Story: Women’s networks and clubs
Page 3 – Women’s self-improvement groups
Often women’s organisations had as an aim self-improvement or self-help. Until the later 20th century women’s educational and career opportunities remained limited. Many were prevented from taking up paid work, through social convention or childcare responsibilities. Some joined old-girls’ or alumni associations (for example, the Federation of University Women) as a way of keeping in touch with fellow students and expressing their educational aspirations. Others belonged to clubs which gave them opportunities to learn various skills, including leadership and meeting procedure, in a supportive social setting. Some clubs were organised along class lines, while others were based in a particular locality.
Superior study group
As well as being socially exclusive, some early women’s clubs had lofty educational goals. Writers Blanche Baughan, Jessie Mackay and Mary Colborne-Veel set up the Canterbury Club in 1913 as a place for women interested in the arts and literature to gather and have serious intellectual discussions.
Women’s clubs, which were the female equivalent of gentlemen’s clubs, emerged from the 1890s. They included the Ranfurly Club in Masterton (1899), the Pioneer Club in Wellington (1909), the Canterbury Women’s Club (1913) and the Otago Women’s Club (1914). Modelled on similar clubs in England, the US and Australia, their purpose was to provide upper-class women with social and intellectual companionship. Many set up ‘circles’ for interests such as play-reading, arts and crafts, bridge and motoring.
The clubs provided a place other than private homes for women to meet. Some had rooms where members could stay overnight, as well as dining, lounge and library facilities. Before motor transport, these were welcomed by women visiting town from country districts. A Federation of Women’s Clubs began in 1925.
Lyceum clubs, a concept imported from England, emerged in the 1920s and 1930s. The name Lyceum came from the Greek word Lykeion – a place for learning. With a similar membership and purpose to the earlier women’s clubs, Lyceum clubs also set up circles to encourage cultural activities. They, and other women’s social clubs, prospered between the wars, but membership declined from the 1950s, and in the 1960s many closed.
Women’s cooperative guilds
Working-class women made up the membership of cooperative guilds from the 1920s. These were connected with societies that set up cooperative stores, buying goods in bulk and selling them to members cheaply.
The guilds had a definite educational purpose. Speakers at monthly meetings introduced a range of social and political topics, but there were also craft demonstrations, songs and games. Competitions were popular – for example members vied to make the ‘best butter sponge’ or the ‘best item from a sugar bag’. As the stores became less financially viable, the last of the guilds disbanded in 1965.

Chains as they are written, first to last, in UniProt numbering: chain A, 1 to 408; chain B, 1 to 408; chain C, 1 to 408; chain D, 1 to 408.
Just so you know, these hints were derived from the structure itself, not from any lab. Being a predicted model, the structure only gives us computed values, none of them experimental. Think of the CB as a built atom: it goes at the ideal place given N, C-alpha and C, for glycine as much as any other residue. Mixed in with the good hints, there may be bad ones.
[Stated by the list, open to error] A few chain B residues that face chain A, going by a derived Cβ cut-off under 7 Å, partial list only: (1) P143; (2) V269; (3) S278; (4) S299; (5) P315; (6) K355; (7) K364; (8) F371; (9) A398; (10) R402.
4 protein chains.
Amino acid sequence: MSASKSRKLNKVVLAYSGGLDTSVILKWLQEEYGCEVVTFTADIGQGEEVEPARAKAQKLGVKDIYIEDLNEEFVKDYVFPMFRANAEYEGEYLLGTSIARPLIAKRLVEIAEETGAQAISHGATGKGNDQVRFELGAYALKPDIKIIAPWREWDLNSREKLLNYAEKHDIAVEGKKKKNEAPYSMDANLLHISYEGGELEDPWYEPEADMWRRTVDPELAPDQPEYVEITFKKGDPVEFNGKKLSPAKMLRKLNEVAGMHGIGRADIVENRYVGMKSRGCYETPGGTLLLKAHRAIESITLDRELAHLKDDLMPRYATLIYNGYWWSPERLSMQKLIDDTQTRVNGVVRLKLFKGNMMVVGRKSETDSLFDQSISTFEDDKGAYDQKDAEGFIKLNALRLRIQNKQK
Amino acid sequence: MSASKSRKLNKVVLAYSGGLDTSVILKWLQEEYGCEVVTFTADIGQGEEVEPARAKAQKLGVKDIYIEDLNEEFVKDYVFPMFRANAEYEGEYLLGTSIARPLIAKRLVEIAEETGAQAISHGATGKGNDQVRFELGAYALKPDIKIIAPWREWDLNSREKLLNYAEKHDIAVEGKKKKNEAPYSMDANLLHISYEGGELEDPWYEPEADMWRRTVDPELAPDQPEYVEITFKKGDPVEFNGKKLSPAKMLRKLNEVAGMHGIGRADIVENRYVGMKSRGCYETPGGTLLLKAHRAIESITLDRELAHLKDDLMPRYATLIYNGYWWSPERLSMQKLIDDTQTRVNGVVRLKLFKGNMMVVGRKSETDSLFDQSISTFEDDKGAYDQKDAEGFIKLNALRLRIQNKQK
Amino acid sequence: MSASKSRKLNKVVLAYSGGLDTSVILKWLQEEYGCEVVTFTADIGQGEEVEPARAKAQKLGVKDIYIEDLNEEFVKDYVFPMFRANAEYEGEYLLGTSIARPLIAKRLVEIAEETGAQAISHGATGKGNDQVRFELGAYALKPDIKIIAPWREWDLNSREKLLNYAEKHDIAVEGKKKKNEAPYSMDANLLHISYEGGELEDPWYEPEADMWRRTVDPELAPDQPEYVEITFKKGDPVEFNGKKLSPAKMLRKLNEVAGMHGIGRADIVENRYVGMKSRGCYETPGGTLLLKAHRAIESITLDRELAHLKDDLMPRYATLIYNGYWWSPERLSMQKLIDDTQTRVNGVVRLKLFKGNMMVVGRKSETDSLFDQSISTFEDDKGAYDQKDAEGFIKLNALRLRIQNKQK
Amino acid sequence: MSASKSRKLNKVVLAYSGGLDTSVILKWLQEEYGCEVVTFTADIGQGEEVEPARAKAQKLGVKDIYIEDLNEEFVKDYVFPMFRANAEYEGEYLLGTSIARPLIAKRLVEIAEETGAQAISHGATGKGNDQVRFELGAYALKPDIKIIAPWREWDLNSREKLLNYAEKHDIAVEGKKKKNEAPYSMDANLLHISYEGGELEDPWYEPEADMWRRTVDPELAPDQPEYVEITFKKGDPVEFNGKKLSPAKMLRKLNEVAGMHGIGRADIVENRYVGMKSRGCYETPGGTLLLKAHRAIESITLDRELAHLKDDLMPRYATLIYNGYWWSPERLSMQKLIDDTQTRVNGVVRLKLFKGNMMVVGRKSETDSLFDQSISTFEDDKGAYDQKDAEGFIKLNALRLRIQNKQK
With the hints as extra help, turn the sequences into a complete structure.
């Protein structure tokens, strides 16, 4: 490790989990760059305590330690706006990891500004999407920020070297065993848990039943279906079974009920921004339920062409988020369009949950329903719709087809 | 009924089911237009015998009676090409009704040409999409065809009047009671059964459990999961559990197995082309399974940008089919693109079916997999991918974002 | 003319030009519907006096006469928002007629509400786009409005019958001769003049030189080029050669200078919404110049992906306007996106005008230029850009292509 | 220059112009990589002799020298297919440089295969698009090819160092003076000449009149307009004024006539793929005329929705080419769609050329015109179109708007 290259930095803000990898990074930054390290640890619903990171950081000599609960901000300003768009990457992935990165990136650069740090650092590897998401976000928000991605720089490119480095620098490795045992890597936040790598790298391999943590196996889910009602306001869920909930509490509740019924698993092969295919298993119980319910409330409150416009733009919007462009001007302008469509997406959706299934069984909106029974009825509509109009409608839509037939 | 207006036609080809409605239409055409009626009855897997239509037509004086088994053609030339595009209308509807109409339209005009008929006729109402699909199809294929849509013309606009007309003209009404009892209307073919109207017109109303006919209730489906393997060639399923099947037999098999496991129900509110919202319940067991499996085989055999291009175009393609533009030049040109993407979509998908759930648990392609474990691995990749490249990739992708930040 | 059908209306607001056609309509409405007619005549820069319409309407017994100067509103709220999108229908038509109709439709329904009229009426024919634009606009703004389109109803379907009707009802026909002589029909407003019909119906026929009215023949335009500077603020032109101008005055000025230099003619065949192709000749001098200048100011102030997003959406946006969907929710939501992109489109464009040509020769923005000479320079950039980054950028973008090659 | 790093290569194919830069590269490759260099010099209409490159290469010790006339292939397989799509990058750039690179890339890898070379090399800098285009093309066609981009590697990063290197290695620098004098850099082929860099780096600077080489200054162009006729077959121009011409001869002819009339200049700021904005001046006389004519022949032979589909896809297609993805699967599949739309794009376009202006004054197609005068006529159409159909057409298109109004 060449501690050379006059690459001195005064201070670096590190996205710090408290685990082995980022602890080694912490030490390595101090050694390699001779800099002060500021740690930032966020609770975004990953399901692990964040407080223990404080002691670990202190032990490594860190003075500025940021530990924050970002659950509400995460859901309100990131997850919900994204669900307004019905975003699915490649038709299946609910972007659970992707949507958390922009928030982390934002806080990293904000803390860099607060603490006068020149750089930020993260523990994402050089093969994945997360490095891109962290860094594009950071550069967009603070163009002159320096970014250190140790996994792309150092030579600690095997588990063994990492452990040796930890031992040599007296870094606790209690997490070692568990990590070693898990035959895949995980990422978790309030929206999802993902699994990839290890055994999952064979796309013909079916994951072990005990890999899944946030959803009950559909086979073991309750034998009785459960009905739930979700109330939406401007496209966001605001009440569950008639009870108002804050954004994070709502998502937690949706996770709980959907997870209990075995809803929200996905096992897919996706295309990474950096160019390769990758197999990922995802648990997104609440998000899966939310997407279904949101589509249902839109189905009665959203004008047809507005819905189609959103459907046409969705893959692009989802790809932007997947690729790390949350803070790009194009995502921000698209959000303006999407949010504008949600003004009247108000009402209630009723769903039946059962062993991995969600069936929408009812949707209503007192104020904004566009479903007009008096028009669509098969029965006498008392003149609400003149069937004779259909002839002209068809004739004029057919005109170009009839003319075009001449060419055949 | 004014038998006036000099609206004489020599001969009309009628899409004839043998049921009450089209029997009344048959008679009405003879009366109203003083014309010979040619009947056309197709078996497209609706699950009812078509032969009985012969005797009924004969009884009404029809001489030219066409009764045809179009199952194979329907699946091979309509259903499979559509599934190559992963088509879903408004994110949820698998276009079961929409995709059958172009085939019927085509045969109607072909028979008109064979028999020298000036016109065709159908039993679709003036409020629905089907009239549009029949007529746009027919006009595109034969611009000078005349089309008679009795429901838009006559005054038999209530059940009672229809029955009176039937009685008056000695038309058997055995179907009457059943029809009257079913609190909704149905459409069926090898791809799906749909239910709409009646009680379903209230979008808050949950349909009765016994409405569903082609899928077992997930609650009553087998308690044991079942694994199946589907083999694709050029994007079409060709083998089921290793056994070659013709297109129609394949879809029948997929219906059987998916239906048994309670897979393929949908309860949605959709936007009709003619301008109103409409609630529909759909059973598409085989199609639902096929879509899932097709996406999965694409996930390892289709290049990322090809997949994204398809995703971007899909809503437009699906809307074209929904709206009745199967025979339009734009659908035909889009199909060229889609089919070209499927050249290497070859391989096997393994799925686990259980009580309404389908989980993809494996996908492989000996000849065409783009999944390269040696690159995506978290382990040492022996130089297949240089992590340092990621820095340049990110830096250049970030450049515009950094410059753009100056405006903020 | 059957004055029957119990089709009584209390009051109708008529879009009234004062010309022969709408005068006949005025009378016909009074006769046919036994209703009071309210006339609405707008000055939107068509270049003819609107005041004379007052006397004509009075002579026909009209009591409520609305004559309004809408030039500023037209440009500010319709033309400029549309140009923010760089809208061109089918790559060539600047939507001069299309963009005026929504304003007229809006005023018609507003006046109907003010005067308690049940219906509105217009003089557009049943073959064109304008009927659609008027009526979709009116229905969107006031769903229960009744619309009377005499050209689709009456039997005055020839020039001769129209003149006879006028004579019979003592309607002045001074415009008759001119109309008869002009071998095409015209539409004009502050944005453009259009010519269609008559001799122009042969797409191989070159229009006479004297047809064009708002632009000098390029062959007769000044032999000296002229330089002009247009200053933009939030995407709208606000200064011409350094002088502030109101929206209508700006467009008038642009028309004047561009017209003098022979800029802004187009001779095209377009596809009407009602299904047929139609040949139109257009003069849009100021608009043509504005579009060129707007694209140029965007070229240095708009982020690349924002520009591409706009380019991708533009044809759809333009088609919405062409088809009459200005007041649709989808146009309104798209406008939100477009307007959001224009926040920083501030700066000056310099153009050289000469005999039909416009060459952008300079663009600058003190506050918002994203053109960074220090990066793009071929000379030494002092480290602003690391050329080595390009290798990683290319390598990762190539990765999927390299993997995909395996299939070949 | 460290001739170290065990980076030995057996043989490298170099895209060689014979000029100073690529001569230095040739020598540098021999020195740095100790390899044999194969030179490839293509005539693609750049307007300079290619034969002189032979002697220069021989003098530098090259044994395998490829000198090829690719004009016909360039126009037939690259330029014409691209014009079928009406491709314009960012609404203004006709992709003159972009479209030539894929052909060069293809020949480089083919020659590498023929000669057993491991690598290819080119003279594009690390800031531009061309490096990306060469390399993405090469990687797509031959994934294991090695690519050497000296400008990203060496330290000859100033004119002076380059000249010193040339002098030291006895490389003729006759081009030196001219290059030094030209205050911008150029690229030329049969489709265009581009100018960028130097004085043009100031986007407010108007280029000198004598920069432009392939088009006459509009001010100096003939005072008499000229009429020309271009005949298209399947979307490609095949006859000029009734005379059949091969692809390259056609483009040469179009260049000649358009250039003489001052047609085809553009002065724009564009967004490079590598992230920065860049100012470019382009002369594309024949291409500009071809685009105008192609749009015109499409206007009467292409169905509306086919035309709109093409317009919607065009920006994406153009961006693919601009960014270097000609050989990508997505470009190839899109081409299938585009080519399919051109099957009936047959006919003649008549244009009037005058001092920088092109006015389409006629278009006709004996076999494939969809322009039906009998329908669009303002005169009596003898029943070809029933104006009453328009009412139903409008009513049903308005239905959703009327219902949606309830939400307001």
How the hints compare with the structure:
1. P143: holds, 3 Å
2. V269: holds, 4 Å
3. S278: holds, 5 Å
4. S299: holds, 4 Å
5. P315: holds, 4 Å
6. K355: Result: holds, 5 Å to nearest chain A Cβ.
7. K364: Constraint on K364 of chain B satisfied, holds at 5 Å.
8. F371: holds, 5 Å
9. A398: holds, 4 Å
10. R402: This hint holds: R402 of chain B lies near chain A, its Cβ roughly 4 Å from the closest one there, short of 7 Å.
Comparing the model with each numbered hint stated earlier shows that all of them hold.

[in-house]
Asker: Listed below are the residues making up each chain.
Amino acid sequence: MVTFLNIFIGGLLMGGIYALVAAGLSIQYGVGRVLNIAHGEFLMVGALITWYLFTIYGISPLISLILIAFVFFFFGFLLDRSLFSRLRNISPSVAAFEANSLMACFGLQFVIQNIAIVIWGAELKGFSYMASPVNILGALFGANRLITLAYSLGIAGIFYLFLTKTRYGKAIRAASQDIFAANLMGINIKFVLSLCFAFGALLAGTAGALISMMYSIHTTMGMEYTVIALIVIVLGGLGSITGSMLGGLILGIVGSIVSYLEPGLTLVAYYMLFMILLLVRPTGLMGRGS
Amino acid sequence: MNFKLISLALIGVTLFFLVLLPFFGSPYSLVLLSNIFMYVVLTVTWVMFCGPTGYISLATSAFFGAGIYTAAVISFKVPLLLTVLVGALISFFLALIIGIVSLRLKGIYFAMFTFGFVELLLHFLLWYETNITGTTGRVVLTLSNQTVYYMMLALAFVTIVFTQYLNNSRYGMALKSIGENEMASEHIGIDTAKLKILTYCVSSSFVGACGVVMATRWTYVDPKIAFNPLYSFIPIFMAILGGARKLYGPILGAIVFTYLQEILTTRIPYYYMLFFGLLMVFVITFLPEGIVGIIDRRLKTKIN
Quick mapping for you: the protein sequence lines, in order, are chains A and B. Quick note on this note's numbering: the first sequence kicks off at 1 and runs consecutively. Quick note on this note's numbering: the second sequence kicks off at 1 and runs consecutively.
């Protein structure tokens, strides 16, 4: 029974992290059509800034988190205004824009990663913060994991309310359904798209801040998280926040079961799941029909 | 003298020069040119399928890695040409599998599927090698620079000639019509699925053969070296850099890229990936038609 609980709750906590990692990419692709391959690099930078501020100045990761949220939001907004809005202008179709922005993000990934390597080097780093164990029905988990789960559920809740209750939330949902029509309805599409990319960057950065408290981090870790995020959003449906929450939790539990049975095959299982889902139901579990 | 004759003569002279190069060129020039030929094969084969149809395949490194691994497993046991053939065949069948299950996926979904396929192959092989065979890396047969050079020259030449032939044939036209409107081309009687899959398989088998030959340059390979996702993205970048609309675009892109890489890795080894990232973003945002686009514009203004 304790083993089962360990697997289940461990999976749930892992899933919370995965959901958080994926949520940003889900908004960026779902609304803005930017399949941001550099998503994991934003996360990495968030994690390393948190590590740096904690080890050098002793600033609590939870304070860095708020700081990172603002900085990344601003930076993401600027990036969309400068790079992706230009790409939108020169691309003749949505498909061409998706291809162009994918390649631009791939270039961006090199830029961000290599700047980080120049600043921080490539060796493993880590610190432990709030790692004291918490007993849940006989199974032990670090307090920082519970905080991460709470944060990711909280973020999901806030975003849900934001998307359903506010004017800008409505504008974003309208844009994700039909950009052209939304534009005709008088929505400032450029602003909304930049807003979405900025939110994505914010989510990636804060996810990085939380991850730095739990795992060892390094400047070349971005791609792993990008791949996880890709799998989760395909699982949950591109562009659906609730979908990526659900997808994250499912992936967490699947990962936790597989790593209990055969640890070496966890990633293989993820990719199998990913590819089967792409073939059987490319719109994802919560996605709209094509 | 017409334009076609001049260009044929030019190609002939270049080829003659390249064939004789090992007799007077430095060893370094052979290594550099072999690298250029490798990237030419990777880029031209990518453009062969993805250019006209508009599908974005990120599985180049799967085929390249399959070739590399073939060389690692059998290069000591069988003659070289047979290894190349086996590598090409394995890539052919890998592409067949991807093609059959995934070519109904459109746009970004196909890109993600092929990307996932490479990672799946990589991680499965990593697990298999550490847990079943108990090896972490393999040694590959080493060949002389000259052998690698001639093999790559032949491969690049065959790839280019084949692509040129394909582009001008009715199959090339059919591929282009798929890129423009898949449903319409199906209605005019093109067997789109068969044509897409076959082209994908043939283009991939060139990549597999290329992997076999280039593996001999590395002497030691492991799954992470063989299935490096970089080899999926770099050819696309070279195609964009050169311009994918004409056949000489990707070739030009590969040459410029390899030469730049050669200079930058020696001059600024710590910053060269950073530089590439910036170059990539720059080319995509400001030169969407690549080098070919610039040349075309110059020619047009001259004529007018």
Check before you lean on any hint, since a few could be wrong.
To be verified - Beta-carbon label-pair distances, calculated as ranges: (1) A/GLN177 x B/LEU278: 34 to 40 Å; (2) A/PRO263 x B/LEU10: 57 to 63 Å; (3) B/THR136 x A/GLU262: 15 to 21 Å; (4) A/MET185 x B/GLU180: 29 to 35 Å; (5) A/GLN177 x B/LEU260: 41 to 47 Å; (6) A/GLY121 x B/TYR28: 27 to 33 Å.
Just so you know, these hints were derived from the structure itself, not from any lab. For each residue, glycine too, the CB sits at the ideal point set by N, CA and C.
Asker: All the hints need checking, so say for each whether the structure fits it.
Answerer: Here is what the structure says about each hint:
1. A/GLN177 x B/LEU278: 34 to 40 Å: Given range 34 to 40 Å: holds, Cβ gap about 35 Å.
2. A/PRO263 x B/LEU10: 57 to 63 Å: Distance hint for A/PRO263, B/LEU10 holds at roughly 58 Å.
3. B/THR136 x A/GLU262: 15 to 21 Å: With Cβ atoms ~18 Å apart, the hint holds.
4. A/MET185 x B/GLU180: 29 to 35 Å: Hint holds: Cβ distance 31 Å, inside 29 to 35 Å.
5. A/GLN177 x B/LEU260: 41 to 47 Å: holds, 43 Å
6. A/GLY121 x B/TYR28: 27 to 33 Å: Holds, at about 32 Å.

Rural women’s organisations
In the 1920s two major rural women’s organisations emerged: in 1921 the Women’s Institutes (called Country Women’s Institutes from 1952), and in 1925 the Women’s Division of the Farmers’ Union (the Women’s Division of Federated Farmers, WDFF, from 1946). Both aimed to overcome the isolation of women on farms or in small towns. Lobbying on matters of mutual concern was an important purpose, but the organisations also offered educational and social opportunities that were otherwise non-existent – they were sometimes described by members as ‘life-savers’.1
The self-improvement activities emphasised homemaking skills. Women’s Institutes programmes included craft demonstrations and competitions, and sales of produce. The WDFF also taught domestic crafts, and promoted leadership and organisational skills. Both organisations continued in the early 2000s. The WDFF, now known as Rural Women New Zealand, had a greater focus on women’s agricultural work. In 2010 the New Zealand Federation of Women’s Institutes claimed to be the largest women’s organisation in New Zealand.
In 1980 Women in Agriculture (WAG), a loose coalition of individuals, groups and networks of rural women, emerged. WAG encouraged the sharing of farming skills – fencing, sheep and wool handling, and business management.
The urban counterparts of Country Women’s Institutes were the Townswomen’s Guilds, the first of which was started in Napier in 1932. Like the Country Women’s Institutes, they aimed to stimulate members with lectures and demonstrations. They also formed special-interest groups on topics ranging from floral art to, in one case, exploring. Many raised funds for a variety of causes. Members now belong to the New Zealand Federation of Women’s Institutes.
Toastmistresses, established in California in 1938 as the women’s equivalent of Toastmasters, acquired its first New Zealand club in 1966. Toastmistress clubs, which spread rapidly, allowed women to gain confidence in public speaking in a safe environment. The communication skills taught proved relevant to both voluntary and paid work. In 2011 there were 12 clubs in New Zealand, branded as POWERtalk International.